The Whip and the Body February 20, 2017
Like most of the films residing within Mario Bava’s extensive body of work, 1963’s The Whip and the Body is the type of movie to which we strictly sensorily respond. When colors are this soaring and when the atmosphere’s this Gentileschi meets neon, no point in trying to search for the emotional connections that ultimately might help move us into caring about the characters and storyline traveling around the premises.
But unlike most of the films residing in Bava’s extensive body of work, the movie isn’t riddled with a conclusively unbalanced relationship between style and substance. As the man’s a visual stylist better at expressing his optical fetishes and leanings, much of his work looks splendid. But as a result of written and performative mediocrity struggling to match the ecstasy of his photographic innovations, many of his features are something like a jungle cat who would rather lounge than pounce. A real reaction is hard to rise out of us.
But akin to Kill, Baby, Kill! (1966), Bava’s note-perfect foray into nightmarish horror, The Whip and the Body doesn’t make the mistake of over-plotting in the ways that damned the still artistically interesting The Girl Who Knew Too Much (1963) and Blood and Black Lace (1964). Here, the union of aesthetic value and plot is a symbiotic one. Bava’s ocular designs are violent and macabre — a harmonious display of Technicolor pigmentation threatened by shadows and masochism — and the story smartly stays simplistic to better highlight its maker’s stylistic strengths. In effect are we provided with one of his best films. We’re reminded just how great of a moviemaker Bava is when everything circling around his optic achievements complements the swank rather than drags it down.
Finding its setting in a creaking, isolated castle on the East European coast sometime after the the Age of Discovery, The Whip and the Body stars Christopher Lee as Kurt Menliff, the sadomasochistic son of a count (Gustavo De Nardo) who, before the events focused upon in the movie, had been disowned by his family due to his having an affair with a maid and ruining his prospects of marriage with alluring relative Nevenka (Daliah Lavi).
The Menliff clan doesn’t want anything to do with him, but tensions begin to run high once again when the man reappears after years away, especially since his former mistress killed herself in the face of potential scandal. Though met with piercing gazes by everyone in the castle, Kurt insists that he hasn’t returned to stir up old drama. He merely wants to help celebrate the recent marriage of Nevenka and Cristiano (Tony Kendall), his younger brother.
But it’s clear that these claims do not, in fact, contain so much as a fragment of truth — Kurt has, in actuality, come back to the Menliff palace to reclaim his title, fortune, and Nevenka. And the latter unexpectedly finds herself still in love with the man, too, particularly after they resume their flog heavy, S&M defined sexual relationship.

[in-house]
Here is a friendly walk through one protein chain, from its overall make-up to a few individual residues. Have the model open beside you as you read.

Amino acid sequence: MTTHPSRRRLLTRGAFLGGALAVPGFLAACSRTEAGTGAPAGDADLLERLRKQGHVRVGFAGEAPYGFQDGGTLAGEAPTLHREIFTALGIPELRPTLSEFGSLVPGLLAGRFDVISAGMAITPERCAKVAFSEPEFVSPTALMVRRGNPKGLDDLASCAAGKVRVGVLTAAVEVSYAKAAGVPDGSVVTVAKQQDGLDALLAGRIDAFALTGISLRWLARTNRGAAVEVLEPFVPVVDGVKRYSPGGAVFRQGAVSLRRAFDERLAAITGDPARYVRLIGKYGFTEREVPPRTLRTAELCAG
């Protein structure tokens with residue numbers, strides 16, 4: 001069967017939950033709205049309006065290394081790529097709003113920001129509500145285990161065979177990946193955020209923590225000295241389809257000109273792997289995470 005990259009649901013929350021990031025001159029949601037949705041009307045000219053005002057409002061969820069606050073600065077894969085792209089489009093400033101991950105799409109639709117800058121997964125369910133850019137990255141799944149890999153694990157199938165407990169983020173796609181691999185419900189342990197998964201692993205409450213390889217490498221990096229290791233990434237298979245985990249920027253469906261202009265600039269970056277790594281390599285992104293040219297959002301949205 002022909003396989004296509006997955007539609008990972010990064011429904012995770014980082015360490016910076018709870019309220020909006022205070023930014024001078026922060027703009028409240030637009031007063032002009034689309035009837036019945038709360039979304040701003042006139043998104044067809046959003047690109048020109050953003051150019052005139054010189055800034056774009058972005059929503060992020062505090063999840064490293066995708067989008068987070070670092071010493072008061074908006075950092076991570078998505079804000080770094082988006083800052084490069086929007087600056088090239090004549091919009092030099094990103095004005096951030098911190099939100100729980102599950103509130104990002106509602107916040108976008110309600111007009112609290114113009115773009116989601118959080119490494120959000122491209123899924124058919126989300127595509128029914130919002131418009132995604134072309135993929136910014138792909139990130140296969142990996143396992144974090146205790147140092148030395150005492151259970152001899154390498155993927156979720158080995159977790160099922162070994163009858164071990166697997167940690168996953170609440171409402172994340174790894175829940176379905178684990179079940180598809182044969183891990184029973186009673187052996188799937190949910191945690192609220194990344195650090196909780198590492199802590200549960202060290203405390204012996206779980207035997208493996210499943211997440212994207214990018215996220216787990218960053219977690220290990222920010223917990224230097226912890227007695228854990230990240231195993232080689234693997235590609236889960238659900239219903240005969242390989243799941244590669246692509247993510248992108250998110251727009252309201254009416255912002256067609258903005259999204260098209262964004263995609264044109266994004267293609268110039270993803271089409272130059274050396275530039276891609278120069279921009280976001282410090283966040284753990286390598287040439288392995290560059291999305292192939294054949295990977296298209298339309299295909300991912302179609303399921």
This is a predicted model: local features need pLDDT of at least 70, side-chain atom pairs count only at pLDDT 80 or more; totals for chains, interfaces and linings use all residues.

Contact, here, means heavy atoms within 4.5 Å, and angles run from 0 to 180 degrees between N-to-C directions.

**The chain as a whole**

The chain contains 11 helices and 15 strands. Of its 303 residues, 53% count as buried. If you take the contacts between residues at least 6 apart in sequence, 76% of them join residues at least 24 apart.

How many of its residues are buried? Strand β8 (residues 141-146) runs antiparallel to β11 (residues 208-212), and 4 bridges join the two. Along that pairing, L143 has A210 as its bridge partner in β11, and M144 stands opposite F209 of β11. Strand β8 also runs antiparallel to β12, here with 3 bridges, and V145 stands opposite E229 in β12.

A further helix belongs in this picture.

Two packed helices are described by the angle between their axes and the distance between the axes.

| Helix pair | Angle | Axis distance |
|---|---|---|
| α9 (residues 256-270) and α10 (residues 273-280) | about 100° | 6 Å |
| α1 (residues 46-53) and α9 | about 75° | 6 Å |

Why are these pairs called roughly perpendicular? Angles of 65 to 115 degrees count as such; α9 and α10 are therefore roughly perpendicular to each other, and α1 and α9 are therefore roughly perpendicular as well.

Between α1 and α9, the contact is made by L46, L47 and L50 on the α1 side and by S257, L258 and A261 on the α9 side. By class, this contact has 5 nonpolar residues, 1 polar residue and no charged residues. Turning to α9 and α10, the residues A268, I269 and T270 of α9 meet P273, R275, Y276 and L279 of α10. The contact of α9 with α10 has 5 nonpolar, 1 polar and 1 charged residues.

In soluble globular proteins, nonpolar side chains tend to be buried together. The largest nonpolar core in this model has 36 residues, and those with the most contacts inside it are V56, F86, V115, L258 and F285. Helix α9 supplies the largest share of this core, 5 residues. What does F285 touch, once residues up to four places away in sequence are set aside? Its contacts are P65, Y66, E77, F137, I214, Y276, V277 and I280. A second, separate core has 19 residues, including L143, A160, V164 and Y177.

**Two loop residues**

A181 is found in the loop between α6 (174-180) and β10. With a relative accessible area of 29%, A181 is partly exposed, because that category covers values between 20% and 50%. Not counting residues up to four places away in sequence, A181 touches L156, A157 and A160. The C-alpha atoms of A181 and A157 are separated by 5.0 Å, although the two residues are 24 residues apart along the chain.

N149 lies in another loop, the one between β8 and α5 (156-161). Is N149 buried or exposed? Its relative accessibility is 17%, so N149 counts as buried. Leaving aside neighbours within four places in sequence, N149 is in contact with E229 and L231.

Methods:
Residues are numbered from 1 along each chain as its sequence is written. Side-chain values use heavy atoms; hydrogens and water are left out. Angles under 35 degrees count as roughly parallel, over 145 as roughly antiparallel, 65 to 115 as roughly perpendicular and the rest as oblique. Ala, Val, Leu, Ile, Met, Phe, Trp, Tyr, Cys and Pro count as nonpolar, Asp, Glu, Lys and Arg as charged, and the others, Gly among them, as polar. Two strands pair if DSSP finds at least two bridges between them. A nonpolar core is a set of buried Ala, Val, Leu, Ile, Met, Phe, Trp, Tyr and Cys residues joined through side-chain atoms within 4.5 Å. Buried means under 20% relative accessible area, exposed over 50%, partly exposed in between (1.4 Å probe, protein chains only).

On the same night Kurt and Nevenka rekindle their romance, though, the former is murdered, offed with the same dagger that took the life of the woman who disrupted his monogamy way back when. In most cases would this ensure that the Menliff tribe grieve periodically only to recover and return to their mundane routines. But because this is a Bava film, Kurt’s ghost continues to haunt the property — and whip Nevenka long into the night.
In a film that keeps violence and beauty so carefully aligned, you can bet that love and hate are synonymous and that none of these characters live to do anything besides serve the machinations of the story. And yet that isn't a problem — we’re so transfixed by The Whip and the Body’s external beauty that we couldn’t care less about the intricacies lying beneath these tortured characters. It is, plain and simply, a visual masterpiece, and Bava’s jaw-dropping constructing of it all is so intoxicating that the movie proves to be among the few within the cinematic spectrum of Italian horror able to astound purely through its sensuous surface.
Bava, then, is one of film’s most optically talented — and most underrated — filmmakers. His proclivities and iconographic details are so remarkably his that they sometimes ring as predictable. But his inclinations never tire because we’re so baffled as to how he’s able to create such electrifying images; there was not, and there never will be, a director like him. The Whip and the Body is a summation of Bava’s legacy, and it’s not to be missed. A-